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drag +‎ -s- +‎ -man


dragsman (plural dragsmen)

  1. (historical) A driver of a carriage, coach, or drag, for public transport, private hire, or as a household servant; coachman.
    • 1829, John Lawrence, The Horse in All His Varieties and Uses, page 198:
      Some years since, on a journey into Kent, and sitting on the box beside the dragsman, I was surprised to see him turn out of a fine piece of road which had the most moderate, and, in my idea, most insignificant slope, in order to whip his horses over a deep and fresh laid piece of gravel.
    • 1995, Margaret Thomson Davis, The Dark Side of Pleasure, →ISBN:
      The man was of the old school and held a very poor opinion, so her papa said, of the new flashman types—men like Gunnet, who despite his coarse features was one of Mr Cameron's most elegant dragsmen.
    • 2012, Rhoda Power, Eileen Power, More Boys and Girls of History, →ISBN, page 229:
      To Susan, who had never travelled by road in anything but a stage-coach driven by a dragsman in a beaver hat and a coat with three little capes, the journey was like a fantastic dream, for along the rough tracks which led through the open veldt and up the steep hills trundled ninety-one ox-waggons.
  2. (obsolete) One who races horses; an amateur jockey.
    • 1830, Samuel Beazley, Edward Bulwer Lytton Baron Lytton, The Oxonians: A Glance at Society - Volume 1, page 75:
      Even those who make the best use of our system of education, and whose accomplishments at quitting college are not confined to being a capital rower and a " prime dragsman," learn very little or nothing that is of use to them in after life ;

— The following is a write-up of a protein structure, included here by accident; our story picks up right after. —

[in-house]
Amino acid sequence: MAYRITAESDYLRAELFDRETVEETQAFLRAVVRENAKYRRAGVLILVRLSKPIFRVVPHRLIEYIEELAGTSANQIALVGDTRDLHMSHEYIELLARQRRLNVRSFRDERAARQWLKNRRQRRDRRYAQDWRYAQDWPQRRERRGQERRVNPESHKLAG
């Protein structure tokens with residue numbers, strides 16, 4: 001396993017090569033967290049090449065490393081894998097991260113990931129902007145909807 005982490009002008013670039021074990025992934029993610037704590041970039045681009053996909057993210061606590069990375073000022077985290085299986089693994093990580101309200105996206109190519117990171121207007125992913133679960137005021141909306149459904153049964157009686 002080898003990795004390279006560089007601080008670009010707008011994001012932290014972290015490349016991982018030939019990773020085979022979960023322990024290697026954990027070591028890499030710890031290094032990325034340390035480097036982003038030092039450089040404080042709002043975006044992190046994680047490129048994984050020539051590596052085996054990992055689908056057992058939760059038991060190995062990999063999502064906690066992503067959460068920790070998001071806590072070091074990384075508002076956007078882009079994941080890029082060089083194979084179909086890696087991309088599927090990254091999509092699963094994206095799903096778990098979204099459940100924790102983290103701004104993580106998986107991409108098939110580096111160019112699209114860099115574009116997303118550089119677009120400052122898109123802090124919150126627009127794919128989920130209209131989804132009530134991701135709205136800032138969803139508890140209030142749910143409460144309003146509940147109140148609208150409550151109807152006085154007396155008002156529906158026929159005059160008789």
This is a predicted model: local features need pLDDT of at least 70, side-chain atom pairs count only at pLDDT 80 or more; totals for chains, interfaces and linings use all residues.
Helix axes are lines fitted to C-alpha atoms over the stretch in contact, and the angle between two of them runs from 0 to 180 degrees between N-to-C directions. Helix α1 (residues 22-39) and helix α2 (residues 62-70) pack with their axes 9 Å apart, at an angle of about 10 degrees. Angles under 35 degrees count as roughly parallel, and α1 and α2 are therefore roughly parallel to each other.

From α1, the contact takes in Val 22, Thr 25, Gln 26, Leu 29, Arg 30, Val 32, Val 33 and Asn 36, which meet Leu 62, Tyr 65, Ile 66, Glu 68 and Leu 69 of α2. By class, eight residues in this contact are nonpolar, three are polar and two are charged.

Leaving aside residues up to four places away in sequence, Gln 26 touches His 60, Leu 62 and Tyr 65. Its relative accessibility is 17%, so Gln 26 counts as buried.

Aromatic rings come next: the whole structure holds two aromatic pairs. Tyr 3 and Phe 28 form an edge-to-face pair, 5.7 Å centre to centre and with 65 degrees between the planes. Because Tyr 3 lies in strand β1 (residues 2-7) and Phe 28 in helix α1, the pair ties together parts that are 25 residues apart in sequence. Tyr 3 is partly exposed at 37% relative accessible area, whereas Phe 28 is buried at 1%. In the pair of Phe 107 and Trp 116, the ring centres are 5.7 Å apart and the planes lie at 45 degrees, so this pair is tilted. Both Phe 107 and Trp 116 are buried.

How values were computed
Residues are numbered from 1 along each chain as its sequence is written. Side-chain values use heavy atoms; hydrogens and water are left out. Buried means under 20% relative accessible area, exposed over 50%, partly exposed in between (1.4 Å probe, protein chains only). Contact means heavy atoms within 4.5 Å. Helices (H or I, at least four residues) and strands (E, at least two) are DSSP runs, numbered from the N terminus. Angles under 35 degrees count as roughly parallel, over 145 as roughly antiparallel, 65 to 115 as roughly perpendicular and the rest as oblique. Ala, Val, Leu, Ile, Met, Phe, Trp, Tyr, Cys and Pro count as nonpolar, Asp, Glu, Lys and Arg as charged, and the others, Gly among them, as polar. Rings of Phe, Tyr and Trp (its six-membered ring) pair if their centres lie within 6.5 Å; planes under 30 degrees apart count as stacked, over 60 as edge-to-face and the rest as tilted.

• 1840, W. Massie, Fitzwiggins, by the author of 'Sydenham'., page 52:
      He could make as good a book as most men, throw a main, and play a fair game of whist ; was a very pretty dragsman, and could fight a few.
    • 1844 July, Actæon, “My Uncle's Advice on Sporting Matters”, in The Sporting review, ed. by 'Craven'., page 233:
      For the rest, most are men of wit and pleasure, given to gallantry and joking; in the former, their success is notorious; the "bonnes fortunes" of a swell dragsman would shame many a roué in fashionable life.
    • 1876, Lord William Pitt Lennox, Coaching: With Anecdotes of the Road, page 211:
      The Oxford and Cambridge men were first-rate dragsmen, and many a reverend who may now devote his leisure to "coaching" youths for college or the Army was then "coaching" very different teams.
  3. (historical) A thief who cuts the luggage from carriages.
    • 1833, Old Bailey Experience, page 423:
      In consequence of the great improvement in the make of travelling carriages, there are now few opportunities for the dragsman to exercise his calling in cutting off trunks fastened behind those vehicles, so that the thieves who have a preference for this mode of plunder, are now constrained to prowl about the streets, following the numerous carts which are daily employed in the delivering of goods in this large city and who may be termed "cart sneaks."
    • 1862, William Makepeace Thackeray, The Adventures of Philip on His Way Through the World Showing who Robbed Him, who Helped Him, and who Passed Him by:
      he had a word for the hostler about that “gray mare,” a nod for the “shooter” or guard, and a bow for the dragsman;
    • 2015, Christopher James, Sherlock Holmes and The Adventure of the Ruby Elephants, →ISBN:
      If one of them dragsmen saw my growler stopping' on the road he'll 'ave his shiv to our throats before you can say Jack Horner.'
    • 2015, A.E. Wasserman, 1884 No Boundaries, →ISBN:
      On trips to the country estate in Kent, south of London, Pelham was adept at preventing dragsmen from cutting the luggage from the carriage.